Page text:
Do you have a sparring partner?

Photo by Jonathan Tomas on Unsplash

I saw Top Gun: Maverick last week. I was flown back to my childhood by the opening scene, jet fighters taking off and landing on an aircraft carrier, whilst Danger Zone kept time. Everything combining to bring about the biggest smile my face has fired up in a long time.

In the time since the first film, Maverick and Ice Man have become friends. Ice climbed the Naval hierarchy and looked out for Maverick, helping him out when he attempted career suicide on several occasions.

Of course it didn’t start out being such a love-in between them.

In the first film they were fierce rivals. Two alpha males, butting heads, both determined to come out on top.

The relationship was great viewing and the competition kept the crews of both planes sharp.

By the end of the film they’d overcome their differences, respected each other, saw themselves as one team.

They talked about having a wing man.

I call it having a sparring partner.

Back to 2009

I’ve told some of the story before. By 2009 life and work and my relationship had got too much for me to handle, so I took a sabbatical and a went to China to learn kung fu.

When I arrived I was assigned to a training group, based on the ‘form’ I wanted to learn and my size/weight. I was paired with someone similar to me, just slightly taller and stronger.

Kristian and I practiced every day.

Kicks

Blocks

Punches

Weapons training

It was good fun, but he kept me focused because I never knew when a heavy blow would land and I’d get knocked off my feet.

And I wanted to beat him.

I once used a move on him whilst sparring in the boxing ring in front of our class. I swept one of his feet away, knocking him off balance, then landed a blow.

We were both surprised!

Working with him had forced me to raise my game. I was training hard, learning new things and taking the opportunities when they came.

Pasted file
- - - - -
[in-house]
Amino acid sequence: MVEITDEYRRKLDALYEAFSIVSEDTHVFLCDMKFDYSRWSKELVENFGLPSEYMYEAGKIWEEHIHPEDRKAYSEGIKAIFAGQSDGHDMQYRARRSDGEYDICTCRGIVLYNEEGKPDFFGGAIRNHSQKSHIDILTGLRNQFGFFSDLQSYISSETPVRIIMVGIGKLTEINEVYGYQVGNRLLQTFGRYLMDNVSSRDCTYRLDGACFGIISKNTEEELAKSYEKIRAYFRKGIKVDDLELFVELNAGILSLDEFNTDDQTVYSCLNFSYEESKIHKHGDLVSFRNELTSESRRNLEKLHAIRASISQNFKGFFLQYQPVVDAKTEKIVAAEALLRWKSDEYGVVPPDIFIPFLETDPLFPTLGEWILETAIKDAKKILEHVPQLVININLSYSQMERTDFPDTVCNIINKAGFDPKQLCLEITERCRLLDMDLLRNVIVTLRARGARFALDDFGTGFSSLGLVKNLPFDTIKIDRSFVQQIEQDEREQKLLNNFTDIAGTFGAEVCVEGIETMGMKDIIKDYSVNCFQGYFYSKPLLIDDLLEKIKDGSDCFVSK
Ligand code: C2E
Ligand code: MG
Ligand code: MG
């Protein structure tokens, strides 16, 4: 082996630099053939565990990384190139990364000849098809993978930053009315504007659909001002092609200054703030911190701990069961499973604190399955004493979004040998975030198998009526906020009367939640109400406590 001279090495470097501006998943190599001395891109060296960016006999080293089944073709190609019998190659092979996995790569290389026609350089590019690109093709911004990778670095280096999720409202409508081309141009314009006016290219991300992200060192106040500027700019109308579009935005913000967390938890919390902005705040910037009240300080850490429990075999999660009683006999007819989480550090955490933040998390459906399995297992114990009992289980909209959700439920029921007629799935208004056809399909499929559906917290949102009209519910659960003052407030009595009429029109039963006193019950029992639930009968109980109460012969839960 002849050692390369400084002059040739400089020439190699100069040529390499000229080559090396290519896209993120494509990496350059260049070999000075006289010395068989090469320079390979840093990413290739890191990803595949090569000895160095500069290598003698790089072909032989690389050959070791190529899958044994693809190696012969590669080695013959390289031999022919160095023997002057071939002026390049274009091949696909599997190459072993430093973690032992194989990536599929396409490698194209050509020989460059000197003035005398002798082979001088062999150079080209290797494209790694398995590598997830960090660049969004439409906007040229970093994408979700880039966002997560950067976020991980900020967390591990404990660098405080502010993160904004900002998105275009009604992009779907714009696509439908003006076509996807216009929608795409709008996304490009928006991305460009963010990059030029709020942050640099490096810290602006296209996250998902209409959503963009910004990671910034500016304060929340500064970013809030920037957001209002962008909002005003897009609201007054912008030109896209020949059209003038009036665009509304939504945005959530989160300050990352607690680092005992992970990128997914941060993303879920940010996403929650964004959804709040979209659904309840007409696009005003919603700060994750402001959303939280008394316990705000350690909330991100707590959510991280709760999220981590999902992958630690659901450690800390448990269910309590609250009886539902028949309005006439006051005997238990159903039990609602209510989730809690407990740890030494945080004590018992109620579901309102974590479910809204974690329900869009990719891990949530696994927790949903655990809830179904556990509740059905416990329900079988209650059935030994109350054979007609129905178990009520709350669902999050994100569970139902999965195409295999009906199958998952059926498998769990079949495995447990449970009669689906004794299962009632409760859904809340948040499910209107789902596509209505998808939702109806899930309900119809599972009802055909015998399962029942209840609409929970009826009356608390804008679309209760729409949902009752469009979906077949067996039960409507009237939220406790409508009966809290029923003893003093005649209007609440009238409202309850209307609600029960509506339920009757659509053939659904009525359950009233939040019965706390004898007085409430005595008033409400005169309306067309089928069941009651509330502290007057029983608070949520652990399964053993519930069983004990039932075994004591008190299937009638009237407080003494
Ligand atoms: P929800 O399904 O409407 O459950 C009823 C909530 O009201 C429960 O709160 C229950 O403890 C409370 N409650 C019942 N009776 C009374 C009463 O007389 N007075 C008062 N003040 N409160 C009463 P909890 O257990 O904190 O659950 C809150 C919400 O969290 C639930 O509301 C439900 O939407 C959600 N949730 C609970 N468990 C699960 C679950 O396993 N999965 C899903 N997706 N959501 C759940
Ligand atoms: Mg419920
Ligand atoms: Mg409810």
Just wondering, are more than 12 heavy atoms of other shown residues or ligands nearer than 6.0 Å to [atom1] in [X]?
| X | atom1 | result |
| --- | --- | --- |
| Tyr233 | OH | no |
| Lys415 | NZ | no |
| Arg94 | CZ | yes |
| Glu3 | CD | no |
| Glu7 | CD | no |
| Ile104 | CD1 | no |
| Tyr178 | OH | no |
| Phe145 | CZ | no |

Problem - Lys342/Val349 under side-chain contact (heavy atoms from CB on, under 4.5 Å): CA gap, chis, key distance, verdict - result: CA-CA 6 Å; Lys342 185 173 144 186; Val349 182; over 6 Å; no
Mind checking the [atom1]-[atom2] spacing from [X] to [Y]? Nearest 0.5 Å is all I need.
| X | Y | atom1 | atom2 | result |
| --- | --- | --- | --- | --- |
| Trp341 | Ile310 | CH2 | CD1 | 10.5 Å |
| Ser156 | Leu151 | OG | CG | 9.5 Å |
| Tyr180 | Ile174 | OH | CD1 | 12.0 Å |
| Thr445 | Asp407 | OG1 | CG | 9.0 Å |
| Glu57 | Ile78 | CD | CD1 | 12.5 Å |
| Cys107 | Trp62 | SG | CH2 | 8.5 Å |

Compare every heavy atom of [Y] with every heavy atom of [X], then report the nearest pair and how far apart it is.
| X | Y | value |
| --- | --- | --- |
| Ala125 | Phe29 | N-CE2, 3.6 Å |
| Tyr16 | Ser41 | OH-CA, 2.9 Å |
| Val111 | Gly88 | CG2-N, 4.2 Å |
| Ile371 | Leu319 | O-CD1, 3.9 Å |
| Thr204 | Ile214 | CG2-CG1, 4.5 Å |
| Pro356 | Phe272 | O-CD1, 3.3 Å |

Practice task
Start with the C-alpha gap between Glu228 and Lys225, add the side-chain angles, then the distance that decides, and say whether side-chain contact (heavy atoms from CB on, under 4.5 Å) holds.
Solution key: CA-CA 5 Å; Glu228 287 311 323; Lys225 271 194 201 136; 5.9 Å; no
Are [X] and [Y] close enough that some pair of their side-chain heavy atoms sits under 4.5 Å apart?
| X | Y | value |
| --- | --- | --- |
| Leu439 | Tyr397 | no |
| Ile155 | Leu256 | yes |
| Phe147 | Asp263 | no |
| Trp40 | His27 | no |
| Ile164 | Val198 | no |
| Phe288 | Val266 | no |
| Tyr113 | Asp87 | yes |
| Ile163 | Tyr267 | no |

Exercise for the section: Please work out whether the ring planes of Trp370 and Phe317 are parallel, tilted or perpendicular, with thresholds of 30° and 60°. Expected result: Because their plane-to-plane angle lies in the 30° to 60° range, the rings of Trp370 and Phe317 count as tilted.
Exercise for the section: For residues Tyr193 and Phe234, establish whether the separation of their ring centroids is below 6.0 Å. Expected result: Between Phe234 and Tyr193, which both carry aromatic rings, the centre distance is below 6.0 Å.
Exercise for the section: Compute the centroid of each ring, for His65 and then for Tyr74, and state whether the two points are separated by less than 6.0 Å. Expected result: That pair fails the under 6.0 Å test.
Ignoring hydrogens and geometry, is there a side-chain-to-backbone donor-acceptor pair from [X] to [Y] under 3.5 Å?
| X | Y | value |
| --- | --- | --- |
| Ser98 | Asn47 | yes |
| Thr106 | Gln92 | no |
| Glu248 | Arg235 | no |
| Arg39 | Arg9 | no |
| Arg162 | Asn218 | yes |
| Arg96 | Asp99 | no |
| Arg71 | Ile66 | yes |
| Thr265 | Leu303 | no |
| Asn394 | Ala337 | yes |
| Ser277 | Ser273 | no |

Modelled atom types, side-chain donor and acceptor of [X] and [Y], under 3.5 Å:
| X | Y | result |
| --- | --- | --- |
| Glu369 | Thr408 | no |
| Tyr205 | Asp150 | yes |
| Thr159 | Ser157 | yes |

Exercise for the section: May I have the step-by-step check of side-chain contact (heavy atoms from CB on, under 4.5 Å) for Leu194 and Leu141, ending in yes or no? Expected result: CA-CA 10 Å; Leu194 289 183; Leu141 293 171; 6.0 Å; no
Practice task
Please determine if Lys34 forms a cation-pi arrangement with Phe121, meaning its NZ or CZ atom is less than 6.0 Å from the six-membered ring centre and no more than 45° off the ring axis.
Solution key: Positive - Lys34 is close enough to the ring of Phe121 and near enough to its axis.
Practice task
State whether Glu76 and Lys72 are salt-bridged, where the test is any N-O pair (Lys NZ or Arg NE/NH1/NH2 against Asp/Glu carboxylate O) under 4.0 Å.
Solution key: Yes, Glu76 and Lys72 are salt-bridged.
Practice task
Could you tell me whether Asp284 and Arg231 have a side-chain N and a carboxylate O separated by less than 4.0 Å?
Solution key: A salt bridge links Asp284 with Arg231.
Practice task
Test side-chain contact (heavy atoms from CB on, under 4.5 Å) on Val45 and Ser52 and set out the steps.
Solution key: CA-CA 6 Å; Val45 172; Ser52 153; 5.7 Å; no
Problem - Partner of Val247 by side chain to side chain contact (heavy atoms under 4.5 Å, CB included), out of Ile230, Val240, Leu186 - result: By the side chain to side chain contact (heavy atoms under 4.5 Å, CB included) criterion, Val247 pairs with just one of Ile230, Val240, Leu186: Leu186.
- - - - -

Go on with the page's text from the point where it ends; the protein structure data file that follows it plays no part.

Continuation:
Back to the present

Last year my mentor told me about a couple of people I should engage with at work as I looked to develop.

‘They’ll make good sparring partners’ she told me. It was the first time I’d heard that term at work, but the concept made sense.

I worked closely with one of them and it’s been tough.

I like them on a personal level, but we’re competing. Competing for ratings, for projects, for progression.

We talk through ideas, swap updates, discuss challenges we face.

Some days, I’ll be honest, it stresses me out. I don’t know what’s coming next. But that’s my own insecurity getting to me.

When I stop to think about it, this relationship is good for me. It forces me to raise my game. Stops me being complacent. It keeps me sharp. There’s healthy friction and I’m grateful for that.

I never thought I’d say that.

So who’s your sparring partner? If you don’t have one, can you think of anyone who could play this role in your life? Or is there someone who sets an observable benchmark you can aspire to beat?

A word of caution

Competition is good, but it can consume you if you let it. I grew up with a brother, a similar age to me. I’ve played a lot of individual sports. And I have a son who strives to win in every situation.

I know how quickly things can turn sour when, hot and bothered at the height of a head-to-head, you get frustrated and lose your temper.

I’ve learned that it helps to check yourself every now and then, asking if what you’re competing over is as important as it feels in the moment.

Be the one to deescalate the situation.

Laugh because you’re enjoying the battle.

Be a good loser. Say ‘well done, good game’.

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